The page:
As TechCrunch pointed out, “merging something designed for public broadcasting (Buzz) with something inherently private (Gmail) was just looking for trouble.”
The trouble has arrived. The Electronic Privacy Information Center (EPIC) has filed a privacy complaint with the U.S. Federal Trade Commission. And today, Harvard Law 2L Eva Hibnick filed a class action lawsuit in California, according to the San Francisco Chronicle.

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Flat fee is the way of the future.

– Mark Howitson, deputy general counsel for Facebook, in his keynote address at LegalTech New York.

lolita with lollipop.jpgA high school principal in Indiana doesn’t want slutty-seeming students playing sports, reports Courthouse News Service.
Two sophomores attended a summer slumber party with other girls from Churubusco High School. They did what all high school girls do at slumber parties (at least in the imagination of high school boys). From their complaint [PDF]:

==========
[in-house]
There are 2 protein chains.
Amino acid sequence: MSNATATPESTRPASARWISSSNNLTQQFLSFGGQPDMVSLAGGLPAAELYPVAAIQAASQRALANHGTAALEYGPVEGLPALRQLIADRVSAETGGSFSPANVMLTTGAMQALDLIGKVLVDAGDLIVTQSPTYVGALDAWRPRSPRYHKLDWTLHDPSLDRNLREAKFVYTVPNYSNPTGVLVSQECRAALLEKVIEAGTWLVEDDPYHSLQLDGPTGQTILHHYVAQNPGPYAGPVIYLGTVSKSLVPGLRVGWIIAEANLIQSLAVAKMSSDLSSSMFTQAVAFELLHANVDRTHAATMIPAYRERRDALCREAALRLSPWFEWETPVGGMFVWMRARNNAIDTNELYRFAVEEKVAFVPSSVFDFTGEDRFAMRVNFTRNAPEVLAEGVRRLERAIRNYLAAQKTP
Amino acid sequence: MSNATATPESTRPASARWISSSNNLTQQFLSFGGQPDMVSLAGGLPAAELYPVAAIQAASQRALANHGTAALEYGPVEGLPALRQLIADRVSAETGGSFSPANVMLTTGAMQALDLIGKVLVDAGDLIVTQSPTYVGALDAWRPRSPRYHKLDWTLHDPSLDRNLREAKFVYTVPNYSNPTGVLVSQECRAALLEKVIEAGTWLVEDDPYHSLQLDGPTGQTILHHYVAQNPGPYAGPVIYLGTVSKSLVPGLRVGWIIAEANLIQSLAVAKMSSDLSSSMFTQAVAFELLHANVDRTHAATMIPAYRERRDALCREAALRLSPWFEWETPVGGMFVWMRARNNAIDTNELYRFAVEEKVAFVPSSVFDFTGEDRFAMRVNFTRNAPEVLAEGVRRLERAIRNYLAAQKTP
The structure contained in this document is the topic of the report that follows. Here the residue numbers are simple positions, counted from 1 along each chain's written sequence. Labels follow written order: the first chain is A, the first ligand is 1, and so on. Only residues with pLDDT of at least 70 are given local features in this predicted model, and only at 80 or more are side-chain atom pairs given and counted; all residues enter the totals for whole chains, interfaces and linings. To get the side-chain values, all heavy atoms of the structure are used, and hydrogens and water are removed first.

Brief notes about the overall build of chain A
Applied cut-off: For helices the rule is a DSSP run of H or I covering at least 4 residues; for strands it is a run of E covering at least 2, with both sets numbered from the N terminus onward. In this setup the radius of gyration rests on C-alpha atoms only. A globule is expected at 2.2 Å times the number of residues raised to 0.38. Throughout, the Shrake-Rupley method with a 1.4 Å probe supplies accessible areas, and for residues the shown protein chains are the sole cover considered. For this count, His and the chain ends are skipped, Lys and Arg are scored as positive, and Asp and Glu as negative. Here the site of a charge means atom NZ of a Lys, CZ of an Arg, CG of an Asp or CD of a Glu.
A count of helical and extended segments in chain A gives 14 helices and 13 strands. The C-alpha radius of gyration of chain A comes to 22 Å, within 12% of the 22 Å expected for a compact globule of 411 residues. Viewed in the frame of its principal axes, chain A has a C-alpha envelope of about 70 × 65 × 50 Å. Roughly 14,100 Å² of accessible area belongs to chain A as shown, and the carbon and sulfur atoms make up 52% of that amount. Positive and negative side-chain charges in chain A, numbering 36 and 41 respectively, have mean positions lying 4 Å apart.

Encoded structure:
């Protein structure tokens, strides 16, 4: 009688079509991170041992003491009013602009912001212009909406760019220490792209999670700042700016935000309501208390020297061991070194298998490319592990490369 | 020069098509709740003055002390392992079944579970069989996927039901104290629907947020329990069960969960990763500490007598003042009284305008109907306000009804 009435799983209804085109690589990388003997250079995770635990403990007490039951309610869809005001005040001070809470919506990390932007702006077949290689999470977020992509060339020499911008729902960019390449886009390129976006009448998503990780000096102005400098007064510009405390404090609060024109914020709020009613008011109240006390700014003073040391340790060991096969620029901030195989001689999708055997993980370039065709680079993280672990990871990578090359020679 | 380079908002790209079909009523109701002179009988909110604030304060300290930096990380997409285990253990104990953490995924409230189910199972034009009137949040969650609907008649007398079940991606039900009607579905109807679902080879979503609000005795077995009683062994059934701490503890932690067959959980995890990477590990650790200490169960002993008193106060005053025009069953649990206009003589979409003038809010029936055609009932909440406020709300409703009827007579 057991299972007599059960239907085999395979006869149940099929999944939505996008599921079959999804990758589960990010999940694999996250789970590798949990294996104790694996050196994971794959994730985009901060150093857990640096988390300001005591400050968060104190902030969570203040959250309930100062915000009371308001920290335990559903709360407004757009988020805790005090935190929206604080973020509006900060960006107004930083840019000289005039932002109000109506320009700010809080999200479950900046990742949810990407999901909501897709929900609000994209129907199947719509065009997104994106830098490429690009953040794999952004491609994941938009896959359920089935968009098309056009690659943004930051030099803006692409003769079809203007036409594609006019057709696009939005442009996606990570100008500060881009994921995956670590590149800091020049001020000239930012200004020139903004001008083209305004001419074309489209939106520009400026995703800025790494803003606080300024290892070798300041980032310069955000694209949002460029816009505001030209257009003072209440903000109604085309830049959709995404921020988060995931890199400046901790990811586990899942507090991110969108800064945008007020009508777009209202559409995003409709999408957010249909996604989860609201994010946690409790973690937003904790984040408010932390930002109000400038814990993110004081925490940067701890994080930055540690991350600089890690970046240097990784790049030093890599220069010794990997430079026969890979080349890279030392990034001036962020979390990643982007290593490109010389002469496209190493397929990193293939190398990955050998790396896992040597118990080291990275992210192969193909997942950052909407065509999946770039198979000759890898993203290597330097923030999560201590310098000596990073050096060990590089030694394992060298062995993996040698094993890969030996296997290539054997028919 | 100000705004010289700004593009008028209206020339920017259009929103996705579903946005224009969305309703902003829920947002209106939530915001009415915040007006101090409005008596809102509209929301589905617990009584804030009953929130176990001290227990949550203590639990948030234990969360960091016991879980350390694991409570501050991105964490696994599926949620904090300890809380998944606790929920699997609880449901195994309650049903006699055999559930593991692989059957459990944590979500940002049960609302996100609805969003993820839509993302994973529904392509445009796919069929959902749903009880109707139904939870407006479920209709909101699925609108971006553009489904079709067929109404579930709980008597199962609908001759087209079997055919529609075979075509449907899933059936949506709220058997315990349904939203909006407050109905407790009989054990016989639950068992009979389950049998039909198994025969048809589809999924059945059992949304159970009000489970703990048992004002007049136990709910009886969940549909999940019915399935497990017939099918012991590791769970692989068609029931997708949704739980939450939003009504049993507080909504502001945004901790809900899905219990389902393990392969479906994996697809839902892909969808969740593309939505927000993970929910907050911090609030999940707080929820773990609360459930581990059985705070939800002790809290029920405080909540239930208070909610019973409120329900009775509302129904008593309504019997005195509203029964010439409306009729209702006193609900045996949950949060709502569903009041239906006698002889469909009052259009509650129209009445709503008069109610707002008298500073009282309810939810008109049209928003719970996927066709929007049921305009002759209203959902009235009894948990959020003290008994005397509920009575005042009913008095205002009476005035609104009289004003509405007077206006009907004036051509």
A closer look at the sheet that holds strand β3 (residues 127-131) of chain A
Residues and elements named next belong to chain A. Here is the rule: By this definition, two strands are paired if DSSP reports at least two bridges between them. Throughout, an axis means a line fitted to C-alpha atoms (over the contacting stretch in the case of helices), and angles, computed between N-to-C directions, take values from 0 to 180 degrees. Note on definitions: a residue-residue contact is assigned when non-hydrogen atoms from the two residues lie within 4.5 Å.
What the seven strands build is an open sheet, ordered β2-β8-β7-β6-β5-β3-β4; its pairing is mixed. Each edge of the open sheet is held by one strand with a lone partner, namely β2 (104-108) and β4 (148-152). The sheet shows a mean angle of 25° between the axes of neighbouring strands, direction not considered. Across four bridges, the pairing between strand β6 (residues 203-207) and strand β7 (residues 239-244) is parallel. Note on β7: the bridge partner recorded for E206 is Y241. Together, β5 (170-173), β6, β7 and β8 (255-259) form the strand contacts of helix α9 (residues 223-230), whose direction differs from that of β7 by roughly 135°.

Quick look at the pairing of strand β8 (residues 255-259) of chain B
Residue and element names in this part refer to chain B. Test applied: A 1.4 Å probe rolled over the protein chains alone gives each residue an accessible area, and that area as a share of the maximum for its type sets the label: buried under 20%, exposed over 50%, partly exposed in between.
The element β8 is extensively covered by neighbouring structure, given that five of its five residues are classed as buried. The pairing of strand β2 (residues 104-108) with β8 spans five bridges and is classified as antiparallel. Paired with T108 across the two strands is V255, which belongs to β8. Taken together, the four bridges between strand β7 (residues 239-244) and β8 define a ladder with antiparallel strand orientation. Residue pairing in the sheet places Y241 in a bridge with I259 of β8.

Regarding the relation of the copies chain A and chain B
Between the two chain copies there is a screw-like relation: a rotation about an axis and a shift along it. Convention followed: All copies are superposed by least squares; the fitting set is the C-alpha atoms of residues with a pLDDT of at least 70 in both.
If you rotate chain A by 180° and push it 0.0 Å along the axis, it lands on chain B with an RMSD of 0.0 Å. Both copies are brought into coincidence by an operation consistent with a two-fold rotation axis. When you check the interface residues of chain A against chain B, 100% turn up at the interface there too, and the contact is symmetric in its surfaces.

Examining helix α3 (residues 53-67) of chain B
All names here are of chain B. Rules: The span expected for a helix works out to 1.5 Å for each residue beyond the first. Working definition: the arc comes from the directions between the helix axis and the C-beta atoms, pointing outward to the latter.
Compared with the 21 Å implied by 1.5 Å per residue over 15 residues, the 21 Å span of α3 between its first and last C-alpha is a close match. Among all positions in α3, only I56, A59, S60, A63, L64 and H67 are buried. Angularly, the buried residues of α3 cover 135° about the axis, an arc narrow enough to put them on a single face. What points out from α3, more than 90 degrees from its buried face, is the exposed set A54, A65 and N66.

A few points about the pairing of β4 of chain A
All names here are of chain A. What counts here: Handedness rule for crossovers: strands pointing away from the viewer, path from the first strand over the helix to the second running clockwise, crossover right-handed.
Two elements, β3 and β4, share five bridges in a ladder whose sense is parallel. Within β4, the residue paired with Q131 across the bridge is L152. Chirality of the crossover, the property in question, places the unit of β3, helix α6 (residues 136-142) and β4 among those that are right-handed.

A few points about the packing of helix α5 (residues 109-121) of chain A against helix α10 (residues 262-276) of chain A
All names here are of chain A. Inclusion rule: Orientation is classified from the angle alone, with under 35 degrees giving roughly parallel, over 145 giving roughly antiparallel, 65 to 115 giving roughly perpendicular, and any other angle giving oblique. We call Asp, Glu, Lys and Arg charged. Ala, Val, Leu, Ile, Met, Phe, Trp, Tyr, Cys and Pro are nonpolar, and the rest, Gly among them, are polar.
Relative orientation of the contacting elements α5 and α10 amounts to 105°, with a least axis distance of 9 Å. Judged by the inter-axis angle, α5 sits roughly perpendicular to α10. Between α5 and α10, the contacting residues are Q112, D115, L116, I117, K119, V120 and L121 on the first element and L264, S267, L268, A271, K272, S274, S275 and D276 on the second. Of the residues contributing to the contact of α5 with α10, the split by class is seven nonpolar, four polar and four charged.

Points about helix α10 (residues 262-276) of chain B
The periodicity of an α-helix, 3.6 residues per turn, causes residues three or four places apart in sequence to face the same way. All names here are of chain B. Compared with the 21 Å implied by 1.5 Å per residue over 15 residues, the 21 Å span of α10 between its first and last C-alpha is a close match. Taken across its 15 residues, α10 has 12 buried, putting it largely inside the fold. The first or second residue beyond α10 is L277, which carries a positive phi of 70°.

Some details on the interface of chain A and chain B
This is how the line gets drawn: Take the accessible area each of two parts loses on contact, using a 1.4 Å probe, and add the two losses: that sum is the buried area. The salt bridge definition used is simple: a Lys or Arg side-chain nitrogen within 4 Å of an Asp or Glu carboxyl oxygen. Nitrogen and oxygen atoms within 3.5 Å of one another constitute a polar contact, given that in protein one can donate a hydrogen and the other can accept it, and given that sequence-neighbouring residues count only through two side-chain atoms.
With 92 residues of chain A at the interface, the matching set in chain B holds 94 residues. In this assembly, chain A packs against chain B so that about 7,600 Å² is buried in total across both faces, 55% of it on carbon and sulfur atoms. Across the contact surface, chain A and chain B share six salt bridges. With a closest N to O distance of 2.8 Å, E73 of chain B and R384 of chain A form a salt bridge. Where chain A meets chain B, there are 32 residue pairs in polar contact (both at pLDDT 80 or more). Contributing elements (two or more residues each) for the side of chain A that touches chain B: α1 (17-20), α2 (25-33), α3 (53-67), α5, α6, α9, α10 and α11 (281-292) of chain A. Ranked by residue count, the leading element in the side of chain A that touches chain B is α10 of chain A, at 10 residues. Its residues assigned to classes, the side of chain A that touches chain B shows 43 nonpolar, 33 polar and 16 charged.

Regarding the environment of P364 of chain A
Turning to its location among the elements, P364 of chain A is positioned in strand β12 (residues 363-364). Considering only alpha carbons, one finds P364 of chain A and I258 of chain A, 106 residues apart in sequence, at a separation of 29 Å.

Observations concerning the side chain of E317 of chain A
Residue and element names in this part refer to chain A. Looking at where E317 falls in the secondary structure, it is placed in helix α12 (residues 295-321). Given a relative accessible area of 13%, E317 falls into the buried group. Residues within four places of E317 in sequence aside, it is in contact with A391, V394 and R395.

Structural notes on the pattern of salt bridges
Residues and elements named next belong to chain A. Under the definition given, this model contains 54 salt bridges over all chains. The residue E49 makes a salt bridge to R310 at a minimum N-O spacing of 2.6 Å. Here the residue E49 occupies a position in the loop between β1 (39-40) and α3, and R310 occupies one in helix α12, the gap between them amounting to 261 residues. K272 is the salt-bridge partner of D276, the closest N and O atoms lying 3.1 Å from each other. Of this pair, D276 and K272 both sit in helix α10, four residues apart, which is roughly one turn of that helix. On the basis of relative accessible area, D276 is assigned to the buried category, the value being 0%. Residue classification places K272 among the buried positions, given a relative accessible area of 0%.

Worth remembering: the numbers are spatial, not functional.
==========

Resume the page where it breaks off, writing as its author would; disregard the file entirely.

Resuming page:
During the sleepover the girls took pictures of themselves pretending to kiss or lick a large multi-colored novelty lollipop shaped phallus that they had purchased as well as pictures of themselves in lingerie with dollar bills stuck in their clothes as well as other pictures.

Ed. note: See this comment. Should that read “phallus-shaped lollipop”?

The girls later posted these photos on MySpace. Someone among their MySpace “friends” printed the pics and gave them to the principal. The principal decided the girls had violated the school’s code of conduct and suspended them from all extracurricular activities, including athletics, for the entire school year.